Program Highlights for year 2010
Graphene, an atomic layer of carbon atoms arranged in a honeycomb lattice, is actively being pursued as a material for next-generation electronics because of the high mobility of charge carriers and the potential to control their density by applying a gate voltage.
Dozens of excited middle and high school students from across Santa Barbara County spent a morning learning about alternative energy by building and racing their own solar cars. The workshop, presented as part of Science and Technology Day at UCSB, included a presentation on alternative energy, hands-on activities, and a corresponding video for teachers.
Initiative provides access to analytical instrumentation instruction to Minority Serving and Primarily Undergraduate Institutions through 4 types of virtual experiences: 1) User institution selects technique and class can access manuals, laboratories, and view training videos at http://www.mrfn.org 2) Live sessions through Skype fe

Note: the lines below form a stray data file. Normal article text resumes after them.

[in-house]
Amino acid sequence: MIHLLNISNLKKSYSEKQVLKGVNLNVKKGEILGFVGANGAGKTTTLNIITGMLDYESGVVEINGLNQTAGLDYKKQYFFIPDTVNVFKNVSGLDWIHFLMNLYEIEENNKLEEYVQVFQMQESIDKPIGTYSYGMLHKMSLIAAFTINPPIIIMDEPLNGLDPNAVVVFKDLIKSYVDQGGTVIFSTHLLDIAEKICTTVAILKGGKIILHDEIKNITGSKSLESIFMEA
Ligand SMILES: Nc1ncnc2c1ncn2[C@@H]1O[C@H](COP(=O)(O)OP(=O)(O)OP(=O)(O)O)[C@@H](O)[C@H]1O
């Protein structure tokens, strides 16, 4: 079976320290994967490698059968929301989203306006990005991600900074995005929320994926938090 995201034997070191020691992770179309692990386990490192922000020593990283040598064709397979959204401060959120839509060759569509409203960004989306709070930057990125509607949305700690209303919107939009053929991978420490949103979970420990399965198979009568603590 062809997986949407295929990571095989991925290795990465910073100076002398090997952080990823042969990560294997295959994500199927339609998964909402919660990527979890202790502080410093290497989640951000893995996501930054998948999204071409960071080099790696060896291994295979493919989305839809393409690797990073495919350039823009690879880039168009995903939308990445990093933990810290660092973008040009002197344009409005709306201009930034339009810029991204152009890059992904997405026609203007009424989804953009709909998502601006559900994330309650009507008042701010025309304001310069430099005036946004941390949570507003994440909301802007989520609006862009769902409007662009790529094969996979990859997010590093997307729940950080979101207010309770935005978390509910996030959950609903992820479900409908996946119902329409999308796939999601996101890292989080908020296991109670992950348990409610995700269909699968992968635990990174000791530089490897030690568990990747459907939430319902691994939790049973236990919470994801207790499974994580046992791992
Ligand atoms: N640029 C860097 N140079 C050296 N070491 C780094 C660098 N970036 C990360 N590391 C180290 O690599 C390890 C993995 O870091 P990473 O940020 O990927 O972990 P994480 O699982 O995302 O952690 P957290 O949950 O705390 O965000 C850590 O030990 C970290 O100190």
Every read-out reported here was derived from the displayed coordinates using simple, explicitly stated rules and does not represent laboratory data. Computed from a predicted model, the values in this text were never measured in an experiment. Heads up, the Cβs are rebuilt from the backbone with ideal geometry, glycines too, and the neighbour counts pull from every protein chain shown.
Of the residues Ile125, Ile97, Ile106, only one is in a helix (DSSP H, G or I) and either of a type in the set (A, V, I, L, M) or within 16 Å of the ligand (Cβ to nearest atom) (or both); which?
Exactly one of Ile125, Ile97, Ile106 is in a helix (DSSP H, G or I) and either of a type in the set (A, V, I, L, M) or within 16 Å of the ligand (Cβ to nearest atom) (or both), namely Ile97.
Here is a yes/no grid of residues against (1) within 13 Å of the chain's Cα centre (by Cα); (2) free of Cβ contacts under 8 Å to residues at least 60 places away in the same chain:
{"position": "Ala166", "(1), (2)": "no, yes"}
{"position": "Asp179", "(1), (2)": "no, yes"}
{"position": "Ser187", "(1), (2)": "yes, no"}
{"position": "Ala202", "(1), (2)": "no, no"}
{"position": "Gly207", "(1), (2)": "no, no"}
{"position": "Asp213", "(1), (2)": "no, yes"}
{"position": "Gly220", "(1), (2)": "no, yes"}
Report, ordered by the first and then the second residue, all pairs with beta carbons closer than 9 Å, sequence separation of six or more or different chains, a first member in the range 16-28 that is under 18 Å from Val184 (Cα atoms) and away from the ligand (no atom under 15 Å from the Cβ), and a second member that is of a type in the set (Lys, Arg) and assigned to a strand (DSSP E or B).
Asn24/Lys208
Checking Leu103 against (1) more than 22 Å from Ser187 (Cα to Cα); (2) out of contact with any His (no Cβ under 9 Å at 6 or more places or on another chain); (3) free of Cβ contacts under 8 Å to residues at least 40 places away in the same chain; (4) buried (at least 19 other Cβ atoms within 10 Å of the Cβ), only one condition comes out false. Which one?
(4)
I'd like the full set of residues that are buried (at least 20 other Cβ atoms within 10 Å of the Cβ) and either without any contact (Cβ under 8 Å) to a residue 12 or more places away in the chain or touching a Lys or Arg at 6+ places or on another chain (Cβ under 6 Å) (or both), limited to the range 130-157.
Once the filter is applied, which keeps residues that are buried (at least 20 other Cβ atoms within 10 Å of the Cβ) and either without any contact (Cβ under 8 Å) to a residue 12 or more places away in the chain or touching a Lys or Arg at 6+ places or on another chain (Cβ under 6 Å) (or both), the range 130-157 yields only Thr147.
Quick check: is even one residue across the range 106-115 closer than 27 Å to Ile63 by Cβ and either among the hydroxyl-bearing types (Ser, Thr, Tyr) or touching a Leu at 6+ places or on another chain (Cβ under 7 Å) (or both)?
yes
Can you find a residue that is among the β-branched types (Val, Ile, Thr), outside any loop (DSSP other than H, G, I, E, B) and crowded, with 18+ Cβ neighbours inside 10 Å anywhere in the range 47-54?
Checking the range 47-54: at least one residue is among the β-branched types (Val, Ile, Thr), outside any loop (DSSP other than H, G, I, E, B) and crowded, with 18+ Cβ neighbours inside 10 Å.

Mussel-inspired adhesion has much to teach about the
chemistry and processing of polymers and provides a glimpse of some remarkable
physical properties exhibited by this complex fluid. . Mussel adhesive processing
has been mimicked by Waite, Tirrell and Israelachvili mixing a
The Renewable Energy MRSEC at the Colorado School of Mines held a ten week Research Experiences for Undergraduates program on renewable energy in which over half of the 20 students were women.
Silicon nanoparticles are promising new materials for photovoltaic applications that combine materials property tunability on the nanoscale with silicon’s established performance in photovoltaics. We have succeeded in synthesizing crystalline silicon nanoparticles in a continuous flow plasma reactor and established control over particle size.